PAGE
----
Convert Between Real Money (£sd) and New Money (£p) using MOD and QUOTIENT

Create a new spreadsheet and then enter in A2, A3 and A4 the amount you want to convert from Real Money  (£sd) in to New Pence (np or just p). If you would prefer, there is a link at the end of this post to a copy of this example spreadsheet.

When doing a conversion from anything in one system to the equivalent in another system you need to reduce to the smallest whole amount. In this case Pennies.

As you know, there are 12 pennies in a shilling, and 20 shillings in a pound. This means there are 12*20 pennies  = 240 pennies in a  real money £. To calculate the total number of pennies, you multiply the number of pounds by 240, the number of shillings by 12 and then the number of pennies by one. Then add the totals. So the formula in  E2 is  “=((A2*240)+(B2*12)+C2)”.

To calculate the value in np, you must then divide that value by 2.4 and then divide this again by 100. Why divide by 2.4 and why 100? Well, there are 100np in a £. That is where the 100 comes from. 10np is the same as 2/- (Two shillings).  There are 2*12 pennies in two shillings. So 10np=24d, therefore 1np = 24/10d or rather 2.4d.

Converting  back the other way uses the same basic method, but needs two other functions you may not be familiar with. 

The first step is to find the number of np there are in the value you wish to convert. This is easy to do, by multiplying by 100 (remember, there are 100np in a £pound).  The second step is to convert this to real money. Using the same factor as before, you multiply by 2.4.

This is where things may get confusing, until  you practice the calculation.  From the number of pennies that are identified in C5, we need to know how many (full) pounds there are. Then how many (full) shillings there are left. Finally, we need to know how many pennies (if any) remain.

In the period around decimalisation, to calculate  real money from a value such as £57.30, you would know the  amount of pounds would stay the same.  You would then just have to work out the np side of the  decimal point would be. In this instance 30p. There were a few ways you would do this. You could look it up on a ready reckoner table given out by the government.  Or you would know that  if a shilling was 5p, two bob was 10p and so 30p is 3 lots of 10p so therefore the amount you are looking for is £57 6/-

To see examples of a ready reckoner, take a look at this site http://lewstringer.blogspot.com/2011/02/d-is-for-decimal-day-and-dandy-day.html  You can see how things were being priced up.

But what if the bit left wasn’t a round number, Say you wanted to know £57.39? I know that the extra 9p is 1/10d.

But how do you calculate this? Firstly, you will need a helper cell, which will have a formula saying how many old pennies there are left after the pounds have been divided by 240. We need this so we can work out the shillings. We then need to work out if there are any real pennies left.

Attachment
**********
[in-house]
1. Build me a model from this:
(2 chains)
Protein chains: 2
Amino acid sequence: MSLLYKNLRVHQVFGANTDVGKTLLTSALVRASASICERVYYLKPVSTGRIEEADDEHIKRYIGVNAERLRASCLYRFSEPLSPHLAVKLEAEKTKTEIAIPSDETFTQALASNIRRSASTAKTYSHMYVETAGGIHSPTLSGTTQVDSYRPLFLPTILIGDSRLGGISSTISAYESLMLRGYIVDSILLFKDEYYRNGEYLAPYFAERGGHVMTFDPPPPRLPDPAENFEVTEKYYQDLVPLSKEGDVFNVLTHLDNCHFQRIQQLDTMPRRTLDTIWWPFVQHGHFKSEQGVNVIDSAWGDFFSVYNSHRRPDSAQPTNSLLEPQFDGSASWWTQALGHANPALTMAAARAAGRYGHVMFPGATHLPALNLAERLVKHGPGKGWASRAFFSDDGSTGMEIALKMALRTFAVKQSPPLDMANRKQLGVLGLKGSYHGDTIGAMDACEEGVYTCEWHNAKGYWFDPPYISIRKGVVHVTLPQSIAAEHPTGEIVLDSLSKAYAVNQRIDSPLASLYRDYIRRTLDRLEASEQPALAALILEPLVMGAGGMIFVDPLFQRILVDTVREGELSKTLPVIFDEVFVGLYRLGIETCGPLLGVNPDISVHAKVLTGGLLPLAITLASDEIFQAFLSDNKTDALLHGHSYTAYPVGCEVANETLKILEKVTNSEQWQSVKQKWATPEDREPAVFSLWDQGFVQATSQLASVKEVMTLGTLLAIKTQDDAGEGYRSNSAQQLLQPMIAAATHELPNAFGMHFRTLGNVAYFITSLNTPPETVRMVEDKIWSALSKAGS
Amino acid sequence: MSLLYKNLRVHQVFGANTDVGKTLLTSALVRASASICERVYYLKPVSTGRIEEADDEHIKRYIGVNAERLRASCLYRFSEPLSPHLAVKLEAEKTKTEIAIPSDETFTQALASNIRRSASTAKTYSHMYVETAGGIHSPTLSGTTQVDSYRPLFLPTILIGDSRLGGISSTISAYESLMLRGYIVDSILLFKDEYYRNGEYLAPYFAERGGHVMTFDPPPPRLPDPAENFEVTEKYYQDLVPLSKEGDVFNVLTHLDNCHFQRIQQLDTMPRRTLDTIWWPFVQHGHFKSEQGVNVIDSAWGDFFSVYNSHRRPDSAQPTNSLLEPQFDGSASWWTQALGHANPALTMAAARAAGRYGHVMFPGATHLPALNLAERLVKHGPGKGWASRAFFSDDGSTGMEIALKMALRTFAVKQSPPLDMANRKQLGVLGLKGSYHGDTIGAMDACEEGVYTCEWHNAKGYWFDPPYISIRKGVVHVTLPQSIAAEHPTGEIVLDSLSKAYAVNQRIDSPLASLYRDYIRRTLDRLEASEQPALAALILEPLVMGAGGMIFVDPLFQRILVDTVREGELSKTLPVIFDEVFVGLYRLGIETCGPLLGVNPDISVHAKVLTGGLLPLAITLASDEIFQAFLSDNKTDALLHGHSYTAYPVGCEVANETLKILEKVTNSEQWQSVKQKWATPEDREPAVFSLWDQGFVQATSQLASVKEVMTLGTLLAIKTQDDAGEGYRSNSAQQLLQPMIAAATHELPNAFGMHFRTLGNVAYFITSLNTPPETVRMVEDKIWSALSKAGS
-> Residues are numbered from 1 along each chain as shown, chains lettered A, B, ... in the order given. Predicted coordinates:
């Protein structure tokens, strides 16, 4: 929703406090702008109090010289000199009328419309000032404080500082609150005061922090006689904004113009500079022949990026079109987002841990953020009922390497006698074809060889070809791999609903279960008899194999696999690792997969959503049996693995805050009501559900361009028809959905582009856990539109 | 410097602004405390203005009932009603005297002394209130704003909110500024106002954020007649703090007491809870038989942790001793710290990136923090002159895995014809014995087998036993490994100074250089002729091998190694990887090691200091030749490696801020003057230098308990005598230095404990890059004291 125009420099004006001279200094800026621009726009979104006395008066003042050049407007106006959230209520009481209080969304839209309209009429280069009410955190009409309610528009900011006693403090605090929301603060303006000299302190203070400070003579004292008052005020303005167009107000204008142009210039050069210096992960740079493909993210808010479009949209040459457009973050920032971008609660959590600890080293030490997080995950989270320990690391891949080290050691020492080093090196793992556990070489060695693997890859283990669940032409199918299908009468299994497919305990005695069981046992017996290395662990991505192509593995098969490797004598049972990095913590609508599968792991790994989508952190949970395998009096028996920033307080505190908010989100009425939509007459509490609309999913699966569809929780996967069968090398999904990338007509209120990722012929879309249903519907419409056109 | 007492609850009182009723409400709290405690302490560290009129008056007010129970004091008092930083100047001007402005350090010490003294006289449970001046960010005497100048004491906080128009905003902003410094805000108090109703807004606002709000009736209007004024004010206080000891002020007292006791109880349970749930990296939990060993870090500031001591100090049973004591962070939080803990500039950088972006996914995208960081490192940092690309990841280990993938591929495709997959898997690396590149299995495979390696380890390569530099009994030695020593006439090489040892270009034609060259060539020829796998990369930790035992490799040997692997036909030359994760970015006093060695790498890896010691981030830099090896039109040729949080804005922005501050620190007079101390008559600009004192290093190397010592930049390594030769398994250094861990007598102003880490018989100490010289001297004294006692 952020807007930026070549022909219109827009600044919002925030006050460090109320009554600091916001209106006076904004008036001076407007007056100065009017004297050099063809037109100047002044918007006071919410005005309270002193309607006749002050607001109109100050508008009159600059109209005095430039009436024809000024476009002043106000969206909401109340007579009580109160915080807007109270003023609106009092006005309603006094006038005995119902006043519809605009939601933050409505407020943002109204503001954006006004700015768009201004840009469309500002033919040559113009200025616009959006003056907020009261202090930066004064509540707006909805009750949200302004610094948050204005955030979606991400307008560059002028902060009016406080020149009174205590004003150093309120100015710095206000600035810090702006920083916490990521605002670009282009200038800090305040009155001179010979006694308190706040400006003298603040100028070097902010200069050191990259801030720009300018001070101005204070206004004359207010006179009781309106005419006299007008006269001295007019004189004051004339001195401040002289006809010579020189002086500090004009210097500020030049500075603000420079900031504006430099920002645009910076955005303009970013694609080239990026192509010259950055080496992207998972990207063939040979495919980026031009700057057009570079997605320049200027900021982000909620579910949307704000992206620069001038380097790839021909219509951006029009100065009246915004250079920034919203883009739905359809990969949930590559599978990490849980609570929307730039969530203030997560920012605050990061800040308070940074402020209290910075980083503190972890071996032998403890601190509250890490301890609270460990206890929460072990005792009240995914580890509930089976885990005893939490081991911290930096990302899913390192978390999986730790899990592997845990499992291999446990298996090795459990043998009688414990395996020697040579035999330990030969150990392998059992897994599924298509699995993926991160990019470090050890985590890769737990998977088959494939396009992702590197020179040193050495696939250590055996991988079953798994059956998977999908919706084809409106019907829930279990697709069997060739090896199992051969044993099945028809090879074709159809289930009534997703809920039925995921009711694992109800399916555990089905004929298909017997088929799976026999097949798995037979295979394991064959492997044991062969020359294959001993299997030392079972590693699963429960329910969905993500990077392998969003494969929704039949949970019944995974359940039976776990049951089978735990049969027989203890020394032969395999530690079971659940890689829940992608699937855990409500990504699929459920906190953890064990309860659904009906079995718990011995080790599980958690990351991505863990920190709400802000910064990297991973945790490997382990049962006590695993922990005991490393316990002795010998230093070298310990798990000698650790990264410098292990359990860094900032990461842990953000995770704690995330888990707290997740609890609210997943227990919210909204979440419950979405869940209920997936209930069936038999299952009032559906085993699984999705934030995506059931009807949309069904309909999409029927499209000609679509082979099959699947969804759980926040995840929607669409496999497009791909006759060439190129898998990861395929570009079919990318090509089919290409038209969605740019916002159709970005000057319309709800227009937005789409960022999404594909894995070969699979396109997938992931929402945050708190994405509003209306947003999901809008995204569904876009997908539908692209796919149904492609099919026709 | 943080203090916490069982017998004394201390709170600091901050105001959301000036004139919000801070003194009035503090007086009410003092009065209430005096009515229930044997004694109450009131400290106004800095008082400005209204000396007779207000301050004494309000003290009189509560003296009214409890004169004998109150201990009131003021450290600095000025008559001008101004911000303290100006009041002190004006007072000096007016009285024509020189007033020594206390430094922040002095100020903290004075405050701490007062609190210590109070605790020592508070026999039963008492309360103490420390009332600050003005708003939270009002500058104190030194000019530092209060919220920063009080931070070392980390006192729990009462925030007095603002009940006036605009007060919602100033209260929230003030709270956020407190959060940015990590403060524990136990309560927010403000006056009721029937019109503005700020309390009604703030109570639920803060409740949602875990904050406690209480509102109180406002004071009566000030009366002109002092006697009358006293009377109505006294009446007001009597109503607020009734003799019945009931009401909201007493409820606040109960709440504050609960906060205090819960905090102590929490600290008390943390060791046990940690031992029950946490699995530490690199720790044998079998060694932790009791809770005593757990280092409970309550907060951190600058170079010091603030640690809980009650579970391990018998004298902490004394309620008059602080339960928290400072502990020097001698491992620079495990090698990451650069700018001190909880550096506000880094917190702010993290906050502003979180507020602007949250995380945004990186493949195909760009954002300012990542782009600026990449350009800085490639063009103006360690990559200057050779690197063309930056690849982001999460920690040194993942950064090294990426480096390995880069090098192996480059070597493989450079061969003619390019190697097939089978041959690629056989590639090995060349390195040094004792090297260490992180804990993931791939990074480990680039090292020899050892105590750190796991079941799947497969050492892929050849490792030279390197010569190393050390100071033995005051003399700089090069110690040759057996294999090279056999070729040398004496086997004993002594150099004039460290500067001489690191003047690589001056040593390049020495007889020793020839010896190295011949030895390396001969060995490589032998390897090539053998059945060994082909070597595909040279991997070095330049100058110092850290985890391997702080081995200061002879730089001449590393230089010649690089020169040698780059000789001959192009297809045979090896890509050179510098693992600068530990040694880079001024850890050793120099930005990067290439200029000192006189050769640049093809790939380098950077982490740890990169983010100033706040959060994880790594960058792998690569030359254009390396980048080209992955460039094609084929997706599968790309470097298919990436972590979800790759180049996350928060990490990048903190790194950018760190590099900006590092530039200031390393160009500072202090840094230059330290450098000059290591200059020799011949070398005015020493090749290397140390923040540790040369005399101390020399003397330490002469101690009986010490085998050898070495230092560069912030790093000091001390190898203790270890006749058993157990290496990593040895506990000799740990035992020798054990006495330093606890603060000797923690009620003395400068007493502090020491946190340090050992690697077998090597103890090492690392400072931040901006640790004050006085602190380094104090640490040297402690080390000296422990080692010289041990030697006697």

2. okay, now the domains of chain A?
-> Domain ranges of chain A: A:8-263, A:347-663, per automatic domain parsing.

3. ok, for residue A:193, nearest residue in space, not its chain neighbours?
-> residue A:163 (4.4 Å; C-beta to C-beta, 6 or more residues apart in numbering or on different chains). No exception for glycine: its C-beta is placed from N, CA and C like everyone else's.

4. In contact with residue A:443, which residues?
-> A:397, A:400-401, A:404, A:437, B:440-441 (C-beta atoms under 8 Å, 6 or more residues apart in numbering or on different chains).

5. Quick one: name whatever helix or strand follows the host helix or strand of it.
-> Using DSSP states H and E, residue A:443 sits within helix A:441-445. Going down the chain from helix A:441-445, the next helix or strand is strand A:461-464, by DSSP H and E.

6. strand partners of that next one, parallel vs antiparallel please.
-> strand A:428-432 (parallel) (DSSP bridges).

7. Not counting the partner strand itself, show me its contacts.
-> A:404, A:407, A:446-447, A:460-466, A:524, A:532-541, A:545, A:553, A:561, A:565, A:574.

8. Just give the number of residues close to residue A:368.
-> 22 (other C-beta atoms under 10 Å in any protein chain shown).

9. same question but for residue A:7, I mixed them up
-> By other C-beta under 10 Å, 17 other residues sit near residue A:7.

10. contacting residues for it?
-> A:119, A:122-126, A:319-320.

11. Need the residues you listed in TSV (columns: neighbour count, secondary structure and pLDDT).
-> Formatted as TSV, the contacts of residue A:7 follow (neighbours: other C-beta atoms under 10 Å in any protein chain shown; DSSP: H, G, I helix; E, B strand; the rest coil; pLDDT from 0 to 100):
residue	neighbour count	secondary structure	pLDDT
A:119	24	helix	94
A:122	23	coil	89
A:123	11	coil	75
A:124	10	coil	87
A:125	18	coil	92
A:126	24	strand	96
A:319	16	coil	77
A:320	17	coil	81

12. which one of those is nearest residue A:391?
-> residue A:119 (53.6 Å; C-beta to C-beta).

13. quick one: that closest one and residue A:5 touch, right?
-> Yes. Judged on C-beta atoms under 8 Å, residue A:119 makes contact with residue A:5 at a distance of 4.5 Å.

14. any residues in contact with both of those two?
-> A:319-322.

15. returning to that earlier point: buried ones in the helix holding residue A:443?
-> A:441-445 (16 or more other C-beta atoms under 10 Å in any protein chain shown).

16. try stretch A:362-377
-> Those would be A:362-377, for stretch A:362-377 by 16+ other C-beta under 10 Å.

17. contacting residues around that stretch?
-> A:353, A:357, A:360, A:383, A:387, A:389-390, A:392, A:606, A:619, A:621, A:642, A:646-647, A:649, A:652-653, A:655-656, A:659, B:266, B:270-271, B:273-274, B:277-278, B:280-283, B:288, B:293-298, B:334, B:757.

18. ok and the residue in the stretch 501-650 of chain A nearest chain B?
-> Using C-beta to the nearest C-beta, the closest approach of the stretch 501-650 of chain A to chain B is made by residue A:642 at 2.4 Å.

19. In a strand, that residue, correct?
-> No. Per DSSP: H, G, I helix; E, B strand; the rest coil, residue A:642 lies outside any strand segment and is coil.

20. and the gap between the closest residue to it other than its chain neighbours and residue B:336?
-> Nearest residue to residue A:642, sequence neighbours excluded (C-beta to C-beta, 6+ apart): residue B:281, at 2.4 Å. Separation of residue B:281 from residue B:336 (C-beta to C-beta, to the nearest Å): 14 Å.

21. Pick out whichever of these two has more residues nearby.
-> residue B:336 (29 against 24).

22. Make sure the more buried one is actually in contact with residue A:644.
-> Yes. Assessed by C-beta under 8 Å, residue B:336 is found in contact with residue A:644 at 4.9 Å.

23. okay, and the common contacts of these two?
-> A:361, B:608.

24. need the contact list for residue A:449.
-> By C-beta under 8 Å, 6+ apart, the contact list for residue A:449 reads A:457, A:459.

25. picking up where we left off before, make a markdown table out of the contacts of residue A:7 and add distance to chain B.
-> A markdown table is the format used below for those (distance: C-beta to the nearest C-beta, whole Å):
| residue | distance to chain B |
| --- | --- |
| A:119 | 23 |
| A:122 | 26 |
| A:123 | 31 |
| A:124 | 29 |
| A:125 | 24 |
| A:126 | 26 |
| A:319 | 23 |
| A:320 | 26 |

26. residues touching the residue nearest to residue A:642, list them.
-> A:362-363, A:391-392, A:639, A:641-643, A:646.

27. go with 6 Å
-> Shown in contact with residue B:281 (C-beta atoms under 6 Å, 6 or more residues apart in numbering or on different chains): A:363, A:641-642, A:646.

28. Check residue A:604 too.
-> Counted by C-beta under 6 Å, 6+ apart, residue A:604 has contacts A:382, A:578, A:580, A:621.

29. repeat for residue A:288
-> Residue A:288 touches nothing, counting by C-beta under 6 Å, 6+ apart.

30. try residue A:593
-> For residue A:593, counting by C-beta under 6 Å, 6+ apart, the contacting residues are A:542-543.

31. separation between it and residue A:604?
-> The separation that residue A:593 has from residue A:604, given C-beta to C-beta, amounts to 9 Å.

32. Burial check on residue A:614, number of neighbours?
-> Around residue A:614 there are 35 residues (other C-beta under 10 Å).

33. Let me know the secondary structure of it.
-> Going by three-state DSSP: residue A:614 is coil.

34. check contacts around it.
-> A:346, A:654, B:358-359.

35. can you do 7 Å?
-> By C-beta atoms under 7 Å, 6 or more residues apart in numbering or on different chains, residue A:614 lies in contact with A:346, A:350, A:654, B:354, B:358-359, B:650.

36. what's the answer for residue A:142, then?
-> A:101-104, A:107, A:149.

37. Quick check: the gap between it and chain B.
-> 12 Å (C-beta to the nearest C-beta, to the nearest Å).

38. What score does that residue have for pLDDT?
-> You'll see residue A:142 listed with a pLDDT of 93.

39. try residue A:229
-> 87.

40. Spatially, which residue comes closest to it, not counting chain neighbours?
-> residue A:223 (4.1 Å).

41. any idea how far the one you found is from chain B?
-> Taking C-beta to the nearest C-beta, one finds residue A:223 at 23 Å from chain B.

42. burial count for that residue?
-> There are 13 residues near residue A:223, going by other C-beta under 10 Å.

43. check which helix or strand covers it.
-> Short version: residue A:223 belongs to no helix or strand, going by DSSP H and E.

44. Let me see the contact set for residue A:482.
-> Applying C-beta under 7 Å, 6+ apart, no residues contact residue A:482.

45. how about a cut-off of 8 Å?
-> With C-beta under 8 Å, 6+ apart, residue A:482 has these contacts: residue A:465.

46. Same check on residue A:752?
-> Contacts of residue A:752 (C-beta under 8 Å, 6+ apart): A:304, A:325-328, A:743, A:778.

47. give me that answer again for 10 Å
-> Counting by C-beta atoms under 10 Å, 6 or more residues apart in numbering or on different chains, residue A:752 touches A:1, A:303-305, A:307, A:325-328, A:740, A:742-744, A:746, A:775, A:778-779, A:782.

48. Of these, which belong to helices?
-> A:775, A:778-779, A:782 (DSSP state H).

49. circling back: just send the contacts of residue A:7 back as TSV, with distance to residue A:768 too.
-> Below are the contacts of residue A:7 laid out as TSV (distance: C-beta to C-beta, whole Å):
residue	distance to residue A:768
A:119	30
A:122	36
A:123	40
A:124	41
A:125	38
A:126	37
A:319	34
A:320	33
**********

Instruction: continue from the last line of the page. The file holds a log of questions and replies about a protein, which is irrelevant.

In cell C6 the formula is  =MOD(C5,240). MOD is short for modulus and you can think of it being the remainder left after  you’ve done a division. For example in a sum 12 divided by 3, the answer is 4 with no remainder. But 14 divided by  3 the answer is still 4 but this time there is a remainder of 2. Because we are dividing by 240 we need the formula to help.

So if the figure in C5 was 13774 (the number of old pennies in £57.39) the modulus is 93.6. This is saying that after you’ve divided 13774 by 240 it goes 57 times with a remainder of 94. Don’t worry about any rounding error, this would have been resolved by a happeny if they were still in circulation.

The formula syntax is =MOD(dividend, divisor). The dividend is the number (or the cell containing the number) that is going to be divided. The divisor is the number (or the cell containing the number) that you are dividing by.

The other side of the coin, if you’ll pardon the pun, is the QUOTIENT function. This returns the whole number part of the division. It leaves out the remainder part. So in the example just given of 13774 being divided by 240, this function would return only 57. It would ignore the remaining 94.

The syntax of the QUOTIENT function is =QUOTIENT(dividend, divisor) In this case it is =QUOTIENT(C5,240) to give the pounds. To calculate the shillings and pence, we need to use the helper cell at C6. Using the formula =QUOTIENT(C6,12) in F6, and the formula =MOD(C6,12) in G6 (remember here we want the number of whole pennies) you can see that £57.39 works out at £57 7/ 10d in real money.

The file used in this example can be downloaded from here RealMoney.xlsx

The video is on YouTube and can be found at https://youtu.be/uazuwN8LRVY